NVIDIA GTC: Networking, Healthcare AI, Modeling and Simulation

November 9, 2021

By Allison Proffitt

November 9, 2021 | Jensen Huang’s kitchen—the site of the past several NVIDIA GTC Keynotes—deconstructed itself today in a slick simulated introduction as Huang, NVIDIA’s CEO, delivered his keynote highlighting the latest in AI and accelerated computing at NVIDIA.

Huang’s keynotes are always wide-ranging, touching on NVIDIA’s work across many industries including robotics, autonomous vehicles, an ambitious earth-wide digital twin for climate change, life sciences research, healthcare, cybersecurity, enterprise AI and more.

For life sciences AI/ML research, Huang focused on Python early on. He announced the latest accelerator for a Python libraries: cuNumeric accelerates NumPy with zero code change, scaling from one GPU to multiple GPUs to multi-node clusters. It joins other offerings in the NVIDIA RAPIDS open-source Python data science and machine learning ecosystem including cuDF, which is Pandas-like; cuML, which is Scikit-Learn-like; and cuGraph, which is NetworkX-like, Huang said. “cuNumeric is a data-center-scale math library,” he said.

In computing, Huang announced NVIDIA QUANTUM-2, what he called the most advanced end-to-end networking platform ever built. The 400 Gbps Infiniband platform consists of the Quantum 2 switch (five times the switching capacity of Quantum 1), ConnectX 7 NIC, the BlueField 3 DPU, and new software to enable performance isolation between jobs, congestion control, precision timing, multi-tenet bare metal security, and SHARP Gen 3 In-Network computing. It’s “the first networking platform to offer the performance of a supercomputer and the share-ability of cloud computing,” Huang said, a formerly impossible balance of performance and multi-tenant security. “With QUANTUM-2, your valuable supercomputer will be cloud-native and far better utilized.”

Focus on Healthcare and Life Sciences

In a pre-briefing last week, Kimberly Powell, Vice President of NVIDIA Healthcare, drilled into the astonishing growth in the market for healthcare data and outlined NVIDIA’s healthcare news.

“Healthcare data is 30% of all the world’s data, and by 2025 healthcare data will be growing at the highest compound annual growth rate of any industry at 36%,” Powell said. “The world’s medical AI development opportunity is tremendous, and it will remain so over the coming decades.” NVIDIA is committed to taking the state-of-the-art in computing architectures and applying it to this massive data opportunity, creating domain-specific tools and architectures for healthcare, she said.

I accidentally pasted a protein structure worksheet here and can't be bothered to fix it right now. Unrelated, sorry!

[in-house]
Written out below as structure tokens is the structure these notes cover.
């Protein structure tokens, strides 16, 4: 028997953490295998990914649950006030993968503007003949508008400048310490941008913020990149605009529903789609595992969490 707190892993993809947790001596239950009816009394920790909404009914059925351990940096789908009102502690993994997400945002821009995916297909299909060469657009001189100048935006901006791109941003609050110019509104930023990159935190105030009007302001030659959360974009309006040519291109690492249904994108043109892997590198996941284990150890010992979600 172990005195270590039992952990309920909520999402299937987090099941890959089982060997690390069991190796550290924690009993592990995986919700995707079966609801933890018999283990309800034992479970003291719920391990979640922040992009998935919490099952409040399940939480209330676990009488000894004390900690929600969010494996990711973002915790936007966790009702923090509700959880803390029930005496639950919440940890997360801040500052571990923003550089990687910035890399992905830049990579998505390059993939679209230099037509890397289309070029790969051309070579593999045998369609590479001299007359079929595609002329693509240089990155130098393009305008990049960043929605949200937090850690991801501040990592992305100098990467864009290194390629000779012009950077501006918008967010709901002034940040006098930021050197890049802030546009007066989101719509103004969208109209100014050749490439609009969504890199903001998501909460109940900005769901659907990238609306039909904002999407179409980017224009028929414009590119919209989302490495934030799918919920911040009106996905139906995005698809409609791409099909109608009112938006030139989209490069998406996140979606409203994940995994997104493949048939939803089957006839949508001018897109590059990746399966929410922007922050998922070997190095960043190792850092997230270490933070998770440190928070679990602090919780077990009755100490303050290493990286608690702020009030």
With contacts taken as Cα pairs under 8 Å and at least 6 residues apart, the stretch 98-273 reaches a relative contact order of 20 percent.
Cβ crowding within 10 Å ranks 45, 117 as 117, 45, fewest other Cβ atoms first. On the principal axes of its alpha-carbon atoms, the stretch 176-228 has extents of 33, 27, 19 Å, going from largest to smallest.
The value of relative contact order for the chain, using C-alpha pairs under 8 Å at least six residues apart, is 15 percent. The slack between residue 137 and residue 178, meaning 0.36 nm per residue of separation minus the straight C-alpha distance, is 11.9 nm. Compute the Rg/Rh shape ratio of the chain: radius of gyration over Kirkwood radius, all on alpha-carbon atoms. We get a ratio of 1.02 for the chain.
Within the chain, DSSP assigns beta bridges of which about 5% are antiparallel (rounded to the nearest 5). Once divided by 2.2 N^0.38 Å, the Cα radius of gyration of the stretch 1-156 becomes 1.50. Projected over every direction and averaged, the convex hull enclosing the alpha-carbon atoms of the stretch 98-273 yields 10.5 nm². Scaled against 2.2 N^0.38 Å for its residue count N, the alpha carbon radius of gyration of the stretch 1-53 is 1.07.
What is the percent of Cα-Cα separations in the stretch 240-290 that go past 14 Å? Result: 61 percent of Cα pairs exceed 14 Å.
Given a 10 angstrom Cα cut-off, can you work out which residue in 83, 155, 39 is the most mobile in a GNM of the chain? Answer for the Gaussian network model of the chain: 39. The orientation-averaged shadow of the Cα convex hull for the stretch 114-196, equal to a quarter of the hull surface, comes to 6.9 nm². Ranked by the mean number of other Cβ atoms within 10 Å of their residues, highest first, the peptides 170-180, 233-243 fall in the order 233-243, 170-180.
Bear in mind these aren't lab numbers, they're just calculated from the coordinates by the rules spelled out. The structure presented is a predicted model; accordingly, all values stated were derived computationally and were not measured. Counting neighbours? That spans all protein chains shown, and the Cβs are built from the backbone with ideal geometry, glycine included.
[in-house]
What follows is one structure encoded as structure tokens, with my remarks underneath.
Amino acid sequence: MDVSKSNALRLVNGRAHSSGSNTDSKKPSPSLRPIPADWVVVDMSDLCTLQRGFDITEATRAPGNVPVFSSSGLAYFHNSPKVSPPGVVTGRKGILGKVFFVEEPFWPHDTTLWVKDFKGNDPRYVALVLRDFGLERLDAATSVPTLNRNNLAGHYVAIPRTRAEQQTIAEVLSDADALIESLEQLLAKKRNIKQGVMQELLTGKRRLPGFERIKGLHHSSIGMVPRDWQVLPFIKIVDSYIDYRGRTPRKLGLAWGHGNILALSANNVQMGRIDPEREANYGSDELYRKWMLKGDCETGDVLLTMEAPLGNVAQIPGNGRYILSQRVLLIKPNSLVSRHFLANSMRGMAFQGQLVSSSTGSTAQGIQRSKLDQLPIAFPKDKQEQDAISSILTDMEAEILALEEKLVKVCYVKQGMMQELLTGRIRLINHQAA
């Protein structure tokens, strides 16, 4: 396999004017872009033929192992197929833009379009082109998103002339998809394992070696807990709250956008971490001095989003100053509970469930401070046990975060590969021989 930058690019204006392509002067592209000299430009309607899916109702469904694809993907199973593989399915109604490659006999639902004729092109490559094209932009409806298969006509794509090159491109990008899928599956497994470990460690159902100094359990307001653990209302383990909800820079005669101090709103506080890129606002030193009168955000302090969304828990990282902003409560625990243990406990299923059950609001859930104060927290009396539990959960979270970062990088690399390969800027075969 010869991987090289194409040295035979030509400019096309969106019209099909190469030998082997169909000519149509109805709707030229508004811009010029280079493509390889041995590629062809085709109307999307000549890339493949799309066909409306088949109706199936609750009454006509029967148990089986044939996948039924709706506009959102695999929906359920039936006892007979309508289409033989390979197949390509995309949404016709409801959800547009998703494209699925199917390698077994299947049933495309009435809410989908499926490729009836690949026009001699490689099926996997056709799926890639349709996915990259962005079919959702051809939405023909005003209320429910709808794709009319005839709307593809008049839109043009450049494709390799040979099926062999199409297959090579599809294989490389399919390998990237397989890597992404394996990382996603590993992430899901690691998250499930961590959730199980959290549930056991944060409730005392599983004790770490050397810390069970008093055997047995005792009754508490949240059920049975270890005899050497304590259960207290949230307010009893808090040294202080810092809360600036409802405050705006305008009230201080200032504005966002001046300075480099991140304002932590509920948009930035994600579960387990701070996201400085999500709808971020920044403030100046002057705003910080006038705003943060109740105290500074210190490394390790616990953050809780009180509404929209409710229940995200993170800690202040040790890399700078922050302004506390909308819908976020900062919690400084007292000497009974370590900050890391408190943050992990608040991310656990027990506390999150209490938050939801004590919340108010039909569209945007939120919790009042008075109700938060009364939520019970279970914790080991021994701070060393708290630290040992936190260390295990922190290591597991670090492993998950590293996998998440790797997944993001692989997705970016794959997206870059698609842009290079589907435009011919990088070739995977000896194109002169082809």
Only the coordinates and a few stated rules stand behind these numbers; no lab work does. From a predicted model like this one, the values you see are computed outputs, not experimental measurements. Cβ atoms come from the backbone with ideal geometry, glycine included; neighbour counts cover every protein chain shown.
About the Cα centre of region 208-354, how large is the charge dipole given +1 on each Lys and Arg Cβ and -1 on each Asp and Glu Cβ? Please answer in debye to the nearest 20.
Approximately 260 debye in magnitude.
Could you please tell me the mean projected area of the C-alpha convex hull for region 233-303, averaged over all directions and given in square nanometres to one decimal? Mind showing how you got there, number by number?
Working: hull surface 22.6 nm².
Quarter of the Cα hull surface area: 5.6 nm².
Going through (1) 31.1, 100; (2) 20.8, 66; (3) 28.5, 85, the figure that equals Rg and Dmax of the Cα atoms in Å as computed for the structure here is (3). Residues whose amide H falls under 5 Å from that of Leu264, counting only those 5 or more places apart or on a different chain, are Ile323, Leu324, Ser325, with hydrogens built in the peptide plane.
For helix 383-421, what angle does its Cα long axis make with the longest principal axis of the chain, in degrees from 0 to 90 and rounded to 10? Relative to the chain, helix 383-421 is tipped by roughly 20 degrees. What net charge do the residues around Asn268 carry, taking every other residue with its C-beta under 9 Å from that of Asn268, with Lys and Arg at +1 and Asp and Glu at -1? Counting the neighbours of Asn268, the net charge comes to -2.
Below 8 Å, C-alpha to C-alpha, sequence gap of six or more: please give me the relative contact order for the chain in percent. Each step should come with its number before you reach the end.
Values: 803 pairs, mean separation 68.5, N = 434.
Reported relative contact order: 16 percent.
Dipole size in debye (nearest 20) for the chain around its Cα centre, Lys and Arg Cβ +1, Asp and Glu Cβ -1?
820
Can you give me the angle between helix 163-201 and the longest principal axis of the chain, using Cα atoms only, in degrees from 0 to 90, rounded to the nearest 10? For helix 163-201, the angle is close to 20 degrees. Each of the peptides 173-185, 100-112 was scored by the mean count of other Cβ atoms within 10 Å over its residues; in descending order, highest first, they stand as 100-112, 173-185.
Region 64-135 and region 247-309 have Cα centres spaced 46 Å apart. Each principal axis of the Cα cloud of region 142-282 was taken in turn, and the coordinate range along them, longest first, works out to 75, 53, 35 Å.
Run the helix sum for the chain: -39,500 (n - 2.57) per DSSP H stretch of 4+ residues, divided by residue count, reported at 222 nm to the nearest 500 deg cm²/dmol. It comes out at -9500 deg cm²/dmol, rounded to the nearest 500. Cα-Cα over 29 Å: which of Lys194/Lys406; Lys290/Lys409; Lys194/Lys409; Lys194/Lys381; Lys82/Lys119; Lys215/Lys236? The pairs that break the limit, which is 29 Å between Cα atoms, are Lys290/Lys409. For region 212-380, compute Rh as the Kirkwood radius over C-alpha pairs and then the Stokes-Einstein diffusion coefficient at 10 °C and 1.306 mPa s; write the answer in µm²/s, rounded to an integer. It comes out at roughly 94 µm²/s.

She highlighted three results of these efforts—Clara Holoscan, Clara Monai, and Clara Discovery. The three products are bringing the latest in computing and applying it to healthcare, Powell said: “taking these transformer models that are used for NLP and helping to apply them in property prediction in molecules, or in protein structure prediction; taking all of the great things we’ve learned in self-driving cars and robotics and bringing it to the medical device community; taking everything from PyTorch and deep learning and bringing it into Clara Monai and surrounding it with all the tooling to make it healthcare-specific.”

NVIDIA Clara Monai for Healthcare AI

Calling it, “the world’s most advanced medical AI framework”, Powell introduced Clara Monai as the fruit of NVIDIA’s work with Kings College London and an open-source foundation of collaborators are building domain-specific tools and workflows. “Monai is the foundation core to the enterprise machine learning stack,” she said.

She listed the capabilities of Monai: AI data labeling, optimized training for super-fast experiment turnaround time, multi-modality training so we can build models that incorporate text with image data, auto ML training to automatically select network architectures and handle hyper parameter searches, and support for both batch and streaming application deployment to run research pipelines on real world data.

Since the launch of the framework last year, Powell says uptake has been astonishing with 150,000 download this year, averaging about 3,000 downloads per week. AWS and Azure both offer Clara quick-launch options and include Monai.